April 13, 2022

Even on a Zoom call, Christi Gray’s friend Erica Luhrs could tell she was sick. After life-saving treatment, Gray returned to SICU to thank the people who cared for her.

A week in intensive care later, Gray is back at work and doing well. Her message: Listen to your body and practice self-care.

(L-R) Deia Cooper, RN, BSN Christi Gray, PACE, Erica Luhrs, PACE and Wilson Fernandez, RN, BSN who cared for Gray when she was in the SICU on March 9, 2022. Photos by Donn Jones/Vanderbilt University Medical Center

Deia Cooper, RN, BSN, left, and Wilson Fernandez, RN, BSN, right, cared for Christi Gray, second from left, when she was a patient in Surgical Intensive Care. Gray’s friend Erica Luhrs, third from left, was credited with saving her life. Photo by Donn Jones

Christi Gray said she was just having a backache.

Her friend and co-worker Erica Luhrs wasn’t buying it.

Luhrs turned out to be right, and she saved Gray’s life.

Gray, manager of the clinical administrative team for the Department of Anesthesiology, was working from home, leading a Zoom meeting in February when she experienced “this incredible sharp pain” in her lower right back. She’d had the pain before, but ignored it. The pain turned into nausea and only got worse.

Luhrs, a lead administrative assistant in the department, got on the phone with Gray afterward and was becoming very concerned.

“I said, ‘well, why don’t you take a bath? Why don’t you put on a heating pad? Something, anything,’” Luhrs said.

Gray said it was not a big deal. “I just remember saying ‘I’ll be fine, I’ll take a nap, I’ll wake up, everything will be fine,’” she said.

But she wasn’t fine after a nap, and she wasn’t fine after a full night of sleep. Meanwhile, Luhrs was becoming increasingly uneasy.

“Something didn’t feel right,” Luhrs said. She decided to drive over to Gray’s home the next morning and let herself in with the spare key Gray gave her — even though it meant scuttling a full day of plans including a birthday party and her son’s karate event.

“And I got to her house and she was as white as a sheet, and at that point I told her there is no getting over this, we’re going,” Luhrs said. “We’re going to the hospital, and that’s just the bottom line.”

“They all told me, ‘you know, your friend saved your life,’” Gray said. “She’s by far one of my favorite people. And that’s before this.”

Gray picks up the story from here. “So she let herself in and forced me to get dressed and drove me to the emergency room,” she said. “And my blood pressure was like 40-something over 30-something. I saw the look on the nurses’ faces. And then they put smelling salts under my nose, and said ‘we need to move her now.’”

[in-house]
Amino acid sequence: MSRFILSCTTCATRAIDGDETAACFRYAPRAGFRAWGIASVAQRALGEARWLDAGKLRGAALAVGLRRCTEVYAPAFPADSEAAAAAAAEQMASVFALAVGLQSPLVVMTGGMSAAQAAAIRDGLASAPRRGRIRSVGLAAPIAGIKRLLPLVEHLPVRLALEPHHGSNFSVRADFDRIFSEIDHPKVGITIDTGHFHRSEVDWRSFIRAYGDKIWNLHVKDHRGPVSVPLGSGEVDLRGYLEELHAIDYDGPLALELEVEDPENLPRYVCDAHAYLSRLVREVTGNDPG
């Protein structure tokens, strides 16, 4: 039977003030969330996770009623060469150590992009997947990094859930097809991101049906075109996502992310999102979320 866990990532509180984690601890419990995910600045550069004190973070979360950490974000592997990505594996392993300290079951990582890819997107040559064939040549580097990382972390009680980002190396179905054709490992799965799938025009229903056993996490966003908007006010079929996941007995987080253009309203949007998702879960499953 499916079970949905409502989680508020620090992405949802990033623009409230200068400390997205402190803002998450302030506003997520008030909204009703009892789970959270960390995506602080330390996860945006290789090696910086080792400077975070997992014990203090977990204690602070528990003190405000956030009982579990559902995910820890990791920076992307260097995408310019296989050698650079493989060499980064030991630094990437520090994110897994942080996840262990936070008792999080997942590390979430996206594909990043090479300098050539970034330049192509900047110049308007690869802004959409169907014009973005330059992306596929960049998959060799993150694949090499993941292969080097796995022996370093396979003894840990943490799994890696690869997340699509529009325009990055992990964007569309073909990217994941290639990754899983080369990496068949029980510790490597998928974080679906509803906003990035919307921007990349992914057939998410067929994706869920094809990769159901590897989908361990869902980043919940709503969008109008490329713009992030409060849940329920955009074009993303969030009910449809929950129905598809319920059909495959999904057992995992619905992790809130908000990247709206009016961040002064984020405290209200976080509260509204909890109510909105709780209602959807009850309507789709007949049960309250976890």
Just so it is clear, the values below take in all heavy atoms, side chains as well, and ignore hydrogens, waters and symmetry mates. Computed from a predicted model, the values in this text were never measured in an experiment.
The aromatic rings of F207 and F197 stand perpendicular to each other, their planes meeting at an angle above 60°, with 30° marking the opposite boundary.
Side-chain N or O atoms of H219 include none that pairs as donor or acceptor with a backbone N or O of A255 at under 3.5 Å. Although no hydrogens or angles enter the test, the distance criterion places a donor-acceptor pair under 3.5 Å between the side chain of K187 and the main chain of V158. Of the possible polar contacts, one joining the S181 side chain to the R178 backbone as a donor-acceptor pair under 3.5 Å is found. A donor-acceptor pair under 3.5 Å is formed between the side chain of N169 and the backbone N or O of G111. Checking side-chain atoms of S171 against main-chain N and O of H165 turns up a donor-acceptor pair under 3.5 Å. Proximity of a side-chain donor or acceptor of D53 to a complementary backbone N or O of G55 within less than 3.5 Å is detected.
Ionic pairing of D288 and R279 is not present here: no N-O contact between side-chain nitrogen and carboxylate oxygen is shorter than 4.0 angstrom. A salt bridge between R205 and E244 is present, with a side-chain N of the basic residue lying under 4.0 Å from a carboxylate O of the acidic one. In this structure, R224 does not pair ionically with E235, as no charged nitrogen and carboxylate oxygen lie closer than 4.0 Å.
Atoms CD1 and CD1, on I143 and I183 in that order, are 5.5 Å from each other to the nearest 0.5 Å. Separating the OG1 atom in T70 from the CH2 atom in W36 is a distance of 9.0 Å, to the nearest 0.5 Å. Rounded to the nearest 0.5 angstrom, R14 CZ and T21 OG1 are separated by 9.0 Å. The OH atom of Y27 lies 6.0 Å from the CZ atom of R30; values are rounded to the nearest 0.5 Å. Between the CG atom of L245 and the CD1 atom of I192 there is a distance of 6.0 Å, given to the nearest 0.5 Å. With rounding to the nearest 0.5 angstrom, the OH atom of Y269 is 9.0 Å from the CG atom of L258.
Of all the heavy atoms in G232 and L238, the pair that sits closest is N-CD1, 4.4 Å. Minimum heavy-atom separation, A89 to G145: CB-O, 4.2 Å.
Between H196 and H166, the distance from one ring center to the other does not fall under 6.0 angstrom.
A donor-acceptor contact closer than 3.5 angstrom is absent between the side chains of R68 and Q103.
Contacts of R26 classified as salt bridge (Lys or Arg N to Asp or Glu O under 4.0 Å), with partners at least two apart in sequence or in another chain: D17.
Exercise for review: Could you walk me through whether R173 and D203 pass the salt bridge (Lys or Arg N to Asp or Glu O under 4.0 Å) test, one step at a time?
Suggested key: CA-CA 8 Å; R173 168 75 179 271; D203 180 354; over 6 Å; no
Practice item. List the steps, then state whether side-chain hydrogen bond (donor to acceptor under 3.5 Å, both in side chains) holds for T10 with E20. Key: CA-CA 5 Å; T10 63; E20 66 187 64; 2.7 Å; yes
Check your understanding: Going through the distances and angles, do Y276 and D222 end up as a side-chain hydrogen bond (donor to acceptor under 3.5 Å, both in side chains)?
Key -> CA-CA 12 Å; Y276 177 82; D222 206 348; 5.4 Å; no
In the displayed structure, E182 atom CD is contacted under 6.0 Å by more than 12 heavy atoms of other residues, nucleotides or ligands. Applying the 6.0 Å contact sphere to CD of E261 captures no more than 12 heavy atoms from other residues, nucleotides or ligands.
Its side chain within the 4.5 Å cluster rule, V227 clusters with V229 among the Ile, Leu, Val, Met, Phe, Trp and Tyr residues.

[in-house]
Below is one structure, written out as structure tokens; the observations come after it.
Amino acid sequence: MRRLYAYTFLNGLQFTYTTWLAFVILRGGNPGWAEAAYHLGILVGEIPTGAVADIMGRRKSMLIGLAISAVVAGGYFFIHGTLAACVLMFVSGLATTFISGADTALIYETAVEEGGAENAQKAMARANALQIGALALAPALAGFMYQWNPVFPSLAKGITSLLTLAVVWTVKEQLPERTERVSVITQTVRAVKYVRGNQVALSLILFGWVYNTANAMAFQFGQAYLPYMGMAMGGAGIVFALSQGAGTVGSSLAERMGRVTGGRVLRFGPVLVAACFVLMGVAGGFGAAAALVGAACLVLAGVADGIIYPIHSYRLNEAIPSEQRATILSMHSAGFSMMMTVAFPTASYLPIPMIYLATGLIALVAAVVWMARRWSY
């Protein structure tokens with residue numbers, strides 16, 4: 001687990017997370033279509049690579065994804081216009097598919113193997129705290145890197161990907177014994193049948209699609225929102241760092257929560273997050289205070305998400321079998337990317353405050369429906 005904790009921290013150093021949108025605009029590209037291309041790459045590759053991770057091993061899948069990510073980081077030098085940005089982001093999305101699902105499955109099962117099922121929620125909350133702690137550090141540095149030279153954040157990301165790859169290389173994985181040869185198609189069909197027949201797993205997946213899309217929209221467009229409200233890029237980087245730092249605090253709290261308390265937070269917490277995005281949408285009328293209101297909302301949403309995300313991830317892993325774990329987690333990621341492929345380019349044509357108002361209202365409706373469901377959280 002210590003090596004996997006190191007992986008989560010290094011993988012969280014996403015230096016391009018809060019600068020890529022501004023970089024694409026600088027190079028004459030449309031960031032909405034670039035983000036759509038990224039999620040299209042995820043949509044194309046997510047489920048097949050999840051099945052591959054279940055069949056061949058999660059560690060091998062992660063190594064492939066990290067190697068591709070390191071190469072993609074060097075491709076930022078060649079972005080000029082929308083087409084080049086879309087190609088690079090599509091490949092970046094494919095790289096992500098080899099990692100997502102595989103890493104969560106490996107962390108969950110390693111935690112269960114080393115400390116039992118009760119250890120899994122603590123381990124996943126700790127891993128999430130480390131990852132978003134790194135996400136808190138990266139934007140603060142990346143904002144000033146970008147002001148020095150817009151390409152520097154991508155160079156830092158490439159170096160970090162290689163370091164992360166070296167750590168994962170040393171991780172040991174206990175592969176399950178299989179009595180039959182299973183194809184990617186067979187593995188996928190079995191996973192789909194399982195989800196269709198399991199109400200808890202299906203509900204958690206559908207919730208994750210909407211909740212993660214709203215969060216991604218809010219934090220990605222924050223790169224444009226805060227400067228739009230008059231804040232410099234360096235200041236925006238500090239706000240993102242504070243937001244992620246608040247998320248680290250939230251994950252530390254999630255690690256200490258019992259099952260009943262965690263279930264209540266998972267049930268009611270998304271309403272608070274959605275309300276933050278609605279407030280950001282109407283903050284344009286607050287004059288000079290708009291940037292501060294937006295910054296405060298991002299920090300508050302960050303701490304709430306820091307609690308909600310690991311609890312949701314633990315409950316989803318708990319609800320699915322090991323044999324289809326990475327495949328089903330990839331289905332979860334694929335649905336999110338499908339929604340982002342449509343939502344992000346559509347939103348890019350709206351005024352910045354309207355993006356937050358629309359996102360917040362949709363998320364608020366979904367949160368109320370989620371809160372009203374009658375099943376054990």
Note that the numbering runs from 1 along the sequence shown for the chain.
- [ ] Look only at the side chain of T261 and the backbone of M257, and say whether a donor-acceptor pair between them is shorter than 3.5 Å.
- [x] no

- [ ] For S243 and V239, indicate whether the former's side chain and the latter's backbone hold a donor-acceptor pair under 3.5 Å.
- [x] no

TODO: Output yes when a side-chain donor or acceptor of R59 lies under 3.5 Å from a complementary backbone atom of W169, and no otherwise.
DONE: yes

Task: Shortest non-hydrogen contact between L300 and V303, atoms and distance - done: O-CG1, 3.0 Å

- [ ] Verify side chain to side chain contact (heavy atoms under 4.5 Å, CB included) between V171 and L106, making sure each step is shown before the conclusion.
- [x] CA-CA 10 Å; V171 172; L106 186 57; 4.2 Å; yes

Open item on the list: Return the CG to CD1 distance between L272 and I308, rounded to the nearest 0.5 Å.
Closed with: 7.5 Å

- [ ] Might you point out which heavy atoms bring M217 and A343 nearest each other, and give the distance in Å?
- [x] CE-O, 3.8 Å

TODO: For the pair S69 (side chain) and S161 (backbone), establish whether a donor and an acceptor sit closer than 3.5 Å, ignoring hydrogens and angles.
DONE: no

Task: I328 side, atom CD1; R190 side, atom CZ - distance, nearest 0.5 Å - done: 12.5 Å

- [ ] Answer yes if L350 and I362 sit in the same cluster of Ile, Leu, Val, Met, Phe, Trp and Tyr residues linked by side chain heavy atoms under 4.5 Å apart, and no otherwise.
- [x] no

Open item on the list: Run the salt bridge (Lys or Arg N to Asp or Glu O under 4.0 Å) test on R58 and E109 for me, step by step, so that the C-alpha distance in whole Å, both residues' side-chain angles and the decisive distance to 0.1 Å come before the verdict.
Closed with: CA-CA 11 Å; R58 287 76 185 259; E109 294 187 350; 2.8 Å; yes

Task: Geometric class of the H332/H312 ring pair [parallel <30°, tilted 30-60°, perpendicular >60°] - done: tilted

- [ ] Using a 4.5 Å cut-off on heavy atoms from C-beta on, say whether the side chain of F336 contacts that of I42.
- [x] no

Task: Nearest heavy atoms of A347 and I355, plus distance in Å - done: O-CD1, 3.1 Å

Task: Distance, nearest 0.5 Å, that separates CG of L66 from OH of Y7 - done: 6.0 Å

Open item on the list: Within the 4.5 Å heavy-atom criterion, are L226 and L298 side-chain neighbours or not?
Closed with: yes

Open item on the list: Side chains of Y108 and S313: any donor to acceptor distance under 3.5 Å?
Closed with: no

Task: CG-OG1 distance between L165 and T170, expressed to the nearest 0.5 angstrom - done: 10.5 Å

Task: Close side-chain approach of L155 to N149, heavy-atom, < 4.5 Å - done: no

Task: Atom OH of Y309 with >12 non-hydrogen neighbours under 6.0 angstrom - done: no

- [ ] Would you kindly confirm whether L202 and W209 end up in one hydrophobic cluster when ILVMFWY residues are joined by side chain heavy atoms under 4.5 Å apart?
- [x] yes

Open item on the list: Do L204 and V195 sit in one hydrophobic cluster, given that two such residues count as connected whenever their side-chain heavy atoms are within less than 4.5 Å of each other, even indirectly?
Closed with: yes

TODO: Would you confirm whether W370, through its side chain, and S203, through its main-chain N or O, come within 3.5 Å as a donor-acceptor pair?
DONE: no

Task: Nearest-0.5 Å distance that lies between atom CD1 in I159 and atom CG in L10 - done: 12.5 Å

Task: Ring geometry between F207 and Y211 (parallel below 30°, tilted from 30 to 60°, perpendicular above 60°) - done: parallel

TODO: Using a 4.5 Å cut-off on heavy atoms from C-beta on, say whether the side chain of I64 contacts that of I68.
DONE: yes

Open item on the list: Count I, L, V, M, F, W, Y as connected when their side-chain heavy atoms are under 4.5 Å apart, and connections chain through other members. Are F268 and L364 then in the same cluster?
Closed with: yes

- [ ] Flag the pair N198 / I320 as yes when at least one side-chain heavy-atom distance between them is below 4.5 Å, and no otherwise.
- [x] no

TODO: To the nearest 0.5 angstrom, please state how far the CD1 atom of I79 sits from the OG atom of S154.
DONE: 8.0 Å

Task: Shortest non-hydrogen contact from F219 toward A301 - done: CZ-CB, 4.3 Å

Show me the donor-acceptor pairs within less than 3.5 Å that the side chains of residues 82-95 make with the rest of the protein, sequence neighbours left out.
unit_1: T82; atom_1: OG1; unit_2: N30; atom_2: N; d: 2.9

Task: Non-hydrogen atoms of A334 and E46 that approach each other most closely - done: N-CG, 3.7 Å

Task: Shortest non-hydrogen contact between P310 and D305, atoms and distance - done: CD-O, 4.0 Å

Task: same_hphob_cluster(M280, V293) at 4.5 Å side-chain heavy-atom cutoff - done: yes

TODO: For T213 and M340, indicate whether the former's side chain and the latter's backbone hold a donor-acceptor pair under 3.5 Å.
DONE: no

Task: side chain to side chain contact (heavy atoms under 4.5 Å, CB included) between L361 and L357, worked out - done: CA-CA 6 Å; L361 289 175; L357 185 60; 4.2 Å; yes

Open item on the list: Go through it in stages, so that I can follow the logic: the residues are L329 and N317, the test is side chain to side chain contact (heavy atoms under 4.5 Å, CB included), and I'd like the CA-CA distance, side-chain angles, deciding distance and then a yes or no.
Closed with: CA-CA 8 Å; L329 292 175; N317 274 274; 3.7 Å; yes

It turned out Gray had a kidney stone, but worse yet, she had sepsis because of the fluid built up behind the stone and was dangerously close to death. Gray, who has worked for Vanderbilt on and off for 32 years and had never been an inpatient, spent the better part of a week in Vanderbilt University Hospital, most of that time being treated by the medical professionals in the Surgical Intensive Care Unit (SICU).

“They all told me, all along the way, ‘you know, your friend saved your life,’” Gray said.

Gray agrees that Luhrs is the reason she’s alive. “She’s by far one of my favorite people,” she said. “And that’s before this.”

Luhrs does not. “I don’t feel I did, and I stand by that to this day,” she said. “I feel like any one of her friends would have done that.

“She (Gray) is an amazing person. She’s so used to helping everyone… She’s not used to accepting help from other people.”

Gray wanted to share her story because she feels it’s a message that other women should hear: that it’s OK to listen to your body and not minimize the symptoms you’re feeling. That self-care is important.

“When my children were little, I always had to make sure they were OK,” she said. “My health was kind of put on the back burner. And it becomes a habit. You just think, ‘tough it up, nobody wants to hear somebody whine that they don’t feel well.’”

In hindsight, Gray realizes she should have sought care as soon as she felt symptoms, but all she could think about was doing her job. “I thought ‘I’m letting them down by not coming to work.’”

Gray also wanted to thank the many medical professionals who took care of her, too many to name.

“She was really sick. She was a completely different person, and just to see her like this, it warms our heart. This is why we became nurses”

About a month after her medical episode, she returned to the SICU to thank the nurses who took care of her. It was a most pleasant surprise.

“I don’t think words can really describe just how excited we are to see her like this because it’s a brand-new person in front of us now,” said Deia Cooper, BSN, RN. “When she was in the hospital… she was really sick. She was a completely different person, and just to see her like this, it warms our heart. This is why we became nurses. This is why we’re here. And a lot of times in the ICU, we don’t get to see our patients come back, especially at this level, in this capacity. It’s a nice change of events to see our patient come back like this.”

Wilson Fernandez, BSN, RN, added, “You kind of see all the hard work you’re putting forward. To see her come out on the other side, it just makes it all worth it.”